What Is Wallenberg Syndrome?

By albert
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Wallenberg syndrome, also called lateral medullary syndrome, is a type of stroke that affects the stem part of the brain. This is the region comprising the medulla oblongata. The syndrome occurs when blood supply is curtailed due to blockage within either of the two arteries supplying this region of the brain. The two arteries are known as vertebral artery and posterior inferior cerebellar artery.

Similar to other parts of the brain, when starved of oxygen for a length of time, the affected brain cells can no longer function properly and may end up dying. When this happens, it leads to the symptoms associated with Wallenberg syndrome. The condition, whose predisposing factors include smoking, hypertension, and diabetes, is more common in men aged 55 years or older.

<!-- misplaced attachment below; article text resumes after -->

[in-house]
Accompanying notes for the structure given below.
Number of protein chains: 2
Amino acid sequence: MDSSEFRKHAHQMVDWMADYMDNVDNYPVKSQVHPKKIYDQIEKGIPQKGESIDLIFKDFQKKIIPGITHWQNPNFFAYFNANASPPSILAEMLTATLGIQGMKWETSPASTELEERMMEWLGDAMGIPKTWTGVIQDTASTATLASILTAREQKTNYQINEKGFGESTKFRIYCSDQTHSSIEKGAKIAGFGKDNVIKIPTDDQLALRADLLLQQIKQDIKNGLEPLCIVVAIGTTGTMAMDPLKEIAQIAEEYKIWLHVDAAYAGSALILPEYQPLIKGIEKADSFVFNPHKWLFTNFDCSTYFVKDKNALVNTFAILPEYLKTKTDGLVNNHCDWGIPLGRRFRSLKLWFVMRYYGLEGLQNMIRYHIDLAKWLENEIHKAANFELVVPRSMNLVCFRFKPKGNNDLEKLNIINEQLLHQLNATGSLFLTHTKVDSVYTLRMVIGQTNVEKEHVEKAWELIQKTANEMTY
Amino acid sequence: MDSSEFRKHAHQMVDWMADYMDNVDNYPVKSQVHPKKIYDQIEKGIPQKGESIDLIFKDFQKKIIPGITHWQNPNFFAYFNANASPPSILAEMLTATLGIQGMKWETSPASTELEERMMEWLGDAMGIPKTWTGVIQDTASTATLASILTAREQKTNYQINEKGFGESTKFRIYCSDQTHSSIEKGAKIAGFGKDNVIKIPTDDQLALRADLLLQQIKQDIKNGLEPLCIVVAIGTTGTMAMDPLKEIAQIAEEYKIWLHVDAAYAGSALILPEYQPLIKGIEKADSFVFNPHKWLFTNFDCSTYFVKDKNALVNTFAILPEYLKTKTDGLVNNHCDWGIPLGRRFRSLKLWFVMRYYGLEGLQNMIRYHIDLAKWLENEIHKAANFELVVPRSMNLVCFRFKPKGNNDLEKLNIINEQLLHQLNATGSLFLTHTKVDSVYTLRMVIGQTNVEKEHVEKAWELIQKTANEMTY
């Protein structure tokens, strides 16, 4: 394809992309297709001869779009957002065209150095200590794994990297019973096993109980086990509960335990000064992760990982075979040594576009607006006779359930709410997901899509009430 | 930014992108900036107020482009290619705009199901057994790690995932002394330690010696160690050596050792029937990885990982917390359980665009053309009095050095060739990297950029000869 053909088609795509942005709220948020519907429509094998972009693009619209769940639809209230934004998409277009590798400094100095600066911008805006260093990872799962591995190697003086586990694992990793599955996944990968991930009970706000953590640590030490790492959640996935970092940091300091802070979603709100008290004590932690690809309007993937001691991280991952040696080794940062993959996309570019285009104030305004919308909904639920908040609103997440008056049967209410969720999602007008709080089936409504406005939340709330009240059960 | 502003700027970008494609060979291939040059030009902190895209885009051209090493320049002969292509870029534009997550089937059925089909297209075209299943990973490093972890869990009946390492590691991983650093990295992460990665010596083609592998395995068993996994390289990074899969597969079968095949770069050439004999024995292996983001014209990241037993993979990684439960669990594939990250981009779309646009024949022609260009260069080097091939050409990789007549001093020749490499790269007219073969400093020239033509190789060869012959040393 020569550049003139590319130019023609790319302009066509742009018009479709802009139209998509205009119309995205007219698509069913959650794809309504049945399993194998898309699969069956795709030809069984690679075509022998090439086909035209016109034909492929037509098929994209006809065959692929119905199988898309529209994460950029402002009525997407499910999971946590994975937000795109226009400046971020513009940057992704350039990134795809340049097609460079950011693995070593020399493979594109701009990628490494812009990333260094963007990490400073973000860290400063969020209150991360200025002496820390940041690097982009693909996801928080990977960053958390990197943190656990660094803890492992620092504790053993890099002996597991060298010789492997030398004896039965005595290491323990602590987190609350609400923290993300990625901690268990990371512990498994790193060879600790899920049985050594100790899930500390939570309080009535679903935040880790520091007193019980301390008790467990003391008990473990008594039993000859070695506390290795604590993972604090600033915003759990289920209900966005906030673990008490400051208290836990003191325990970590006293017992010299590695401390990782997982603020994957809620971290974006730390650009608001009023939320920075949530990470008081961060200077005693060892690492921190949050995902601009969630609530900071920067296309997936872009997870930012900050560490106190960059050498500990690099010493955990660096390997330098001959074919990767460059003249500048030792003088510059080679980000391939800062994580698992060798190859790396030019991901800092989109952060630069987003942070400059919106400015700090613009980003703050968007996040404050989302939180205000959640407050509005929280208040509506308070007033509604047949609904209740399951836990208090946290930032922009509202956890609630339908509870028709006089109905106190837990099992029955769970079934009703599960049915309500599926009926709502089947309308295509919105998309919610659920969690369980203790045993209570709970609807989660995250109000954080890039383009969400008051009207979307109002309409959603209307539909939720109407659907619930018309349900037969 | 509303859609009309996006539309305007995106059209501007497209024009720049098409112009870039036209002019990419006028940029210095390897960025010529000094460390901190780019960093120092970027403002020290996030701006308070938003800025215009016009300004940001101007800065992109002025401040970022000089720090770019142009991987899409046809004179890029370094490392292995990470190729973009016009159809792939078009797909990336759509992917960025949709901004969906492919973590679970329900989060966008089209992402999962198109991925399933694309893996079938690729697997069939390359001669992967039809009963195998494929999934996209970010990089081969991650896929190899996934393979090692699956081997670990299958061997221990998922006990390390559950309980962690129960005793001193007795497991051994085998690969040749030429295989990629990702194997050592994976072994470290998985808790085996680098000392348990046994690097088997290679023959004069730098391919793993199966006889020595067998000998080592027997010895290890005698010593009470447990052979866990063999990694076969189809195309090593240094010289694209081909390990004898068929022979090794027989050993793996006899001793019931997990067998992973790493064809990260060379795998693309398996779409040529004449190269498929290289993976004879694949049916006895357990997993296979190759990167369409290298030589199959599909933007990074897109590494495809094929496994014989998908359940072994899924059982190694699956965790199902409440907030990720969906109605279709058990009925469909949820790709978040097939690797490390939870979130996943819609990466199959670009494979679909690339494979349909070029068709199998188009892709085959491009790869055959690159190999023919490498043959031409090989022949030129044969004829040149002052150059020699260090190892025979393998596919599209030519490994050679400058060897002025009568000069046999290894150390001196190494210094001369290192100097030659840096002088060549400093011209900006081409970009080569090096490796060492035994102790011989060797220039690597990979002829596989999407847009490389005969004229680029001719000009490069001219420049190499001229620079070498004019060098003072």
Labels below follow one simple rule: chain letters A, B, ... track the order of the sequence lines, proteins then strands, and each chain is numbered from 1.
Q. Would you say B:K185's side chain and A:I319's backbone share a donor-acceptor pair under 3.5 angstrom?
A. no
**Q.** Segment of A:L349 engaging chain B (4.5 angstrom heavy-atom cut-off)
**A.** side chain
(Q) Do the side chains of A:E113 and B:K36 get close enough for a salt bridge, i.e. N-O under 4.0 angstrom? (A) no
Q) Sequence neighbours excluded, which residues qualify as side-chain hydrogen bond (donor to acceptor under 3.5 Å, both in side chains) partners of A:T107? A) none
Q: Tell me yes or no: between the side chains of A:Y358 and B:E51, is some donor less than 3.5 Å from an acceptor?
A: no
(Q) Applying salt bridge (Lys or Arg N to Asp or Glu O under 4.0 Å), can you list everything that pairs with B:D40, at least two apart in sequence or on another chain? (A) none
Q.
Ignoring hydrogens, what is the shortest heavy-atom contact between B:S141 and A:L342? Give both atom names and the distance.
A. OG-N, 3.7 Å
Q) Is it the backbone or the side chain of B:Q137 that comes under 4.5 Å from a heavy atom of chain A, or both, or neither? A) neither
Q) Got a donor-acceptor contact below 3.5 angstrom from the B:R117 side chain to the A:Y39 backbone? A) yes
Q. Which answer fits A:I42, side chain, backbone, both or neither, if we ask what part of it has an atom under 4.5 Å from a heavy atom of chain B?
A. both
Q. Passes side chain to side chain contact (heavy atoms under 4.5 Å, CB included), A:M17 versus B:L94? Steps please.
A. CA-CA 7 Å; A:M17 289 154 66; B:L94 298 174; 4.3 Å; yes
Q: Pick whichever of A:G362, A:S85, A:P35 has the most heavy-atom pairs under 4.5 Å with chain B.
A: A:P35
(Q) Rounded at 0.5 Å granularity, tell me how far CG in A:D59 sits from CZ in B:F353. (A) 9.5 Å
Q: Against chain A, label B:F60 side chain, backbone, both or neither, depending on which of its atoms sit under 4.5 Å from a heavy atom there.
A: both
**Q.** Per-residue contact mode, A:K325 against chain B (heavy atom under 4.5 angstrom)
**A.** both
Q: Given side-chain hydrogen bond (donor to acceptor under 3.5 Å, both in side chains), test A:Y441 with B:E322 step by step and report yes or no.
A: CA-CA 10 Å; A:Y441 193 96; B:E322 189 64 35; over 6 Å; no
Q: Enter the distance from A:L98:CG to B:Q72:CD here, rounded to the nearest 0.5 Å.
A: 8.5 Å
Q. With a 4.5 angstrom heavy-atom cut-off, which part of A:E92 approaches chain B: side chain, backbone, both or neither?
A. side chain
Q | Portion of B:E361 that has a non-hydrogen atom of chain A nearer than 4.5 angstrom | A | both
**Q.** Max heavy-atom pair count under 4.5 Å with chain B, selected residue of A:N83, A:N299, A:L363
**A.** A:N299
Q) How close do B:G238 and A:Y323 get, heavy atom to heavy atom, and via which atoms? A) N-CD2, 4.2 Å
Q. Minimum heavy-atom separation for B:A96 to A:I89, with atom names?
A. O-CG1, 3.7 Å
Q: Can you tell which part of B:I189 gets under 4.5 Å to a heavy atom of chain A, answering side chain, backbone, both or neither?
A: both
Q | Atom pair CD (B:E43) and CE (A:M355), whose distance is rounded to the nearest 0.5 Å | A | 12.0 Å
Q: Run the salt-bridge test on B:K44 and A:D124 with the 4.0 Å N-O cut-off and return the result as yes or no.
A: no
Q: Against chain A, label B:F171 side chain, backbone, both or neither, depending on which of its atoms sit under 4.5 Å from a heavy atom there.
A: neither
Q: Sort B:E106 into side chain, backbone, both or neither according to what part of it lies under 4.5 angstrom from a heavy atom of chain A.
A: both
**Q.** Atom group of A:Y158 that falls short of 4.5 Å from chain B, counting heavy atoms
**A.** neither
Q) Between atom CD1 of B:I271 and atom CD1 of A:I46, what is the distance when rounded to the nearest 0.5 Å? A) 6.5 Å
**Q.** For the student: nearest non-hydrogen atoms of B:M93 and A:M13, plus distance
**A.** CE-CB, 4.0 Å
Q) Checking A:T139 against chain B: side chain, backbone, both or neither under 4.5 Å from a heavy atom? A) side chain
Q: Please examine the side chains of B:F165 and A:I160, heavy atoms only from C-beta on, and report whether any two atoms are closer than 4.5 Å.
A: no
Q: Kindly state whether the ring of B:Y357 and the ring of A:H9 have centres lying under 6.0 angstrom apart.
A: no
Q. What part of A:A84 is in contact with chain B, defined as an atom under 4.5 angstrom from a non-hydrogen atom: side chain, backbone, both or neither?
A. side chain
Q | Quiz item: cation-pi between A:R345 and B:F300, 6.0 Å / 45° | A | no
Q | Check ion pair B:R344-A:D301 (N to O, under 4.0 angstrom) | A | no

1. Symptoms of Wallenberg Syndrome

The brain stem is responsible for the control of vital body functions including swallowing, muscle function, heart rate, blood pressure, breathing, and consciousness. This communication occurs through the spinal cord. It follows that in the event that Wallenberg syndrome occurs, it will interfere with these functions. The most common symptom of Wallenberg syndrome is the inability to swallow. This can have serious effects if it goes untreated because the affected person may not get adequate nutrition.

Other Wallenberg syndrome symptoms include nausea, vomiting, a hoarse voice, imbalance, and dizziness. The patient may also have difficulty in walking, and suffer with hiccups, decreased sweating, and poor temperature sensation. Other symptoms include numbness and paralysis on one side of the body, which may affect the face, the limbs, or even the tongue.

Wallenberg Syndrome

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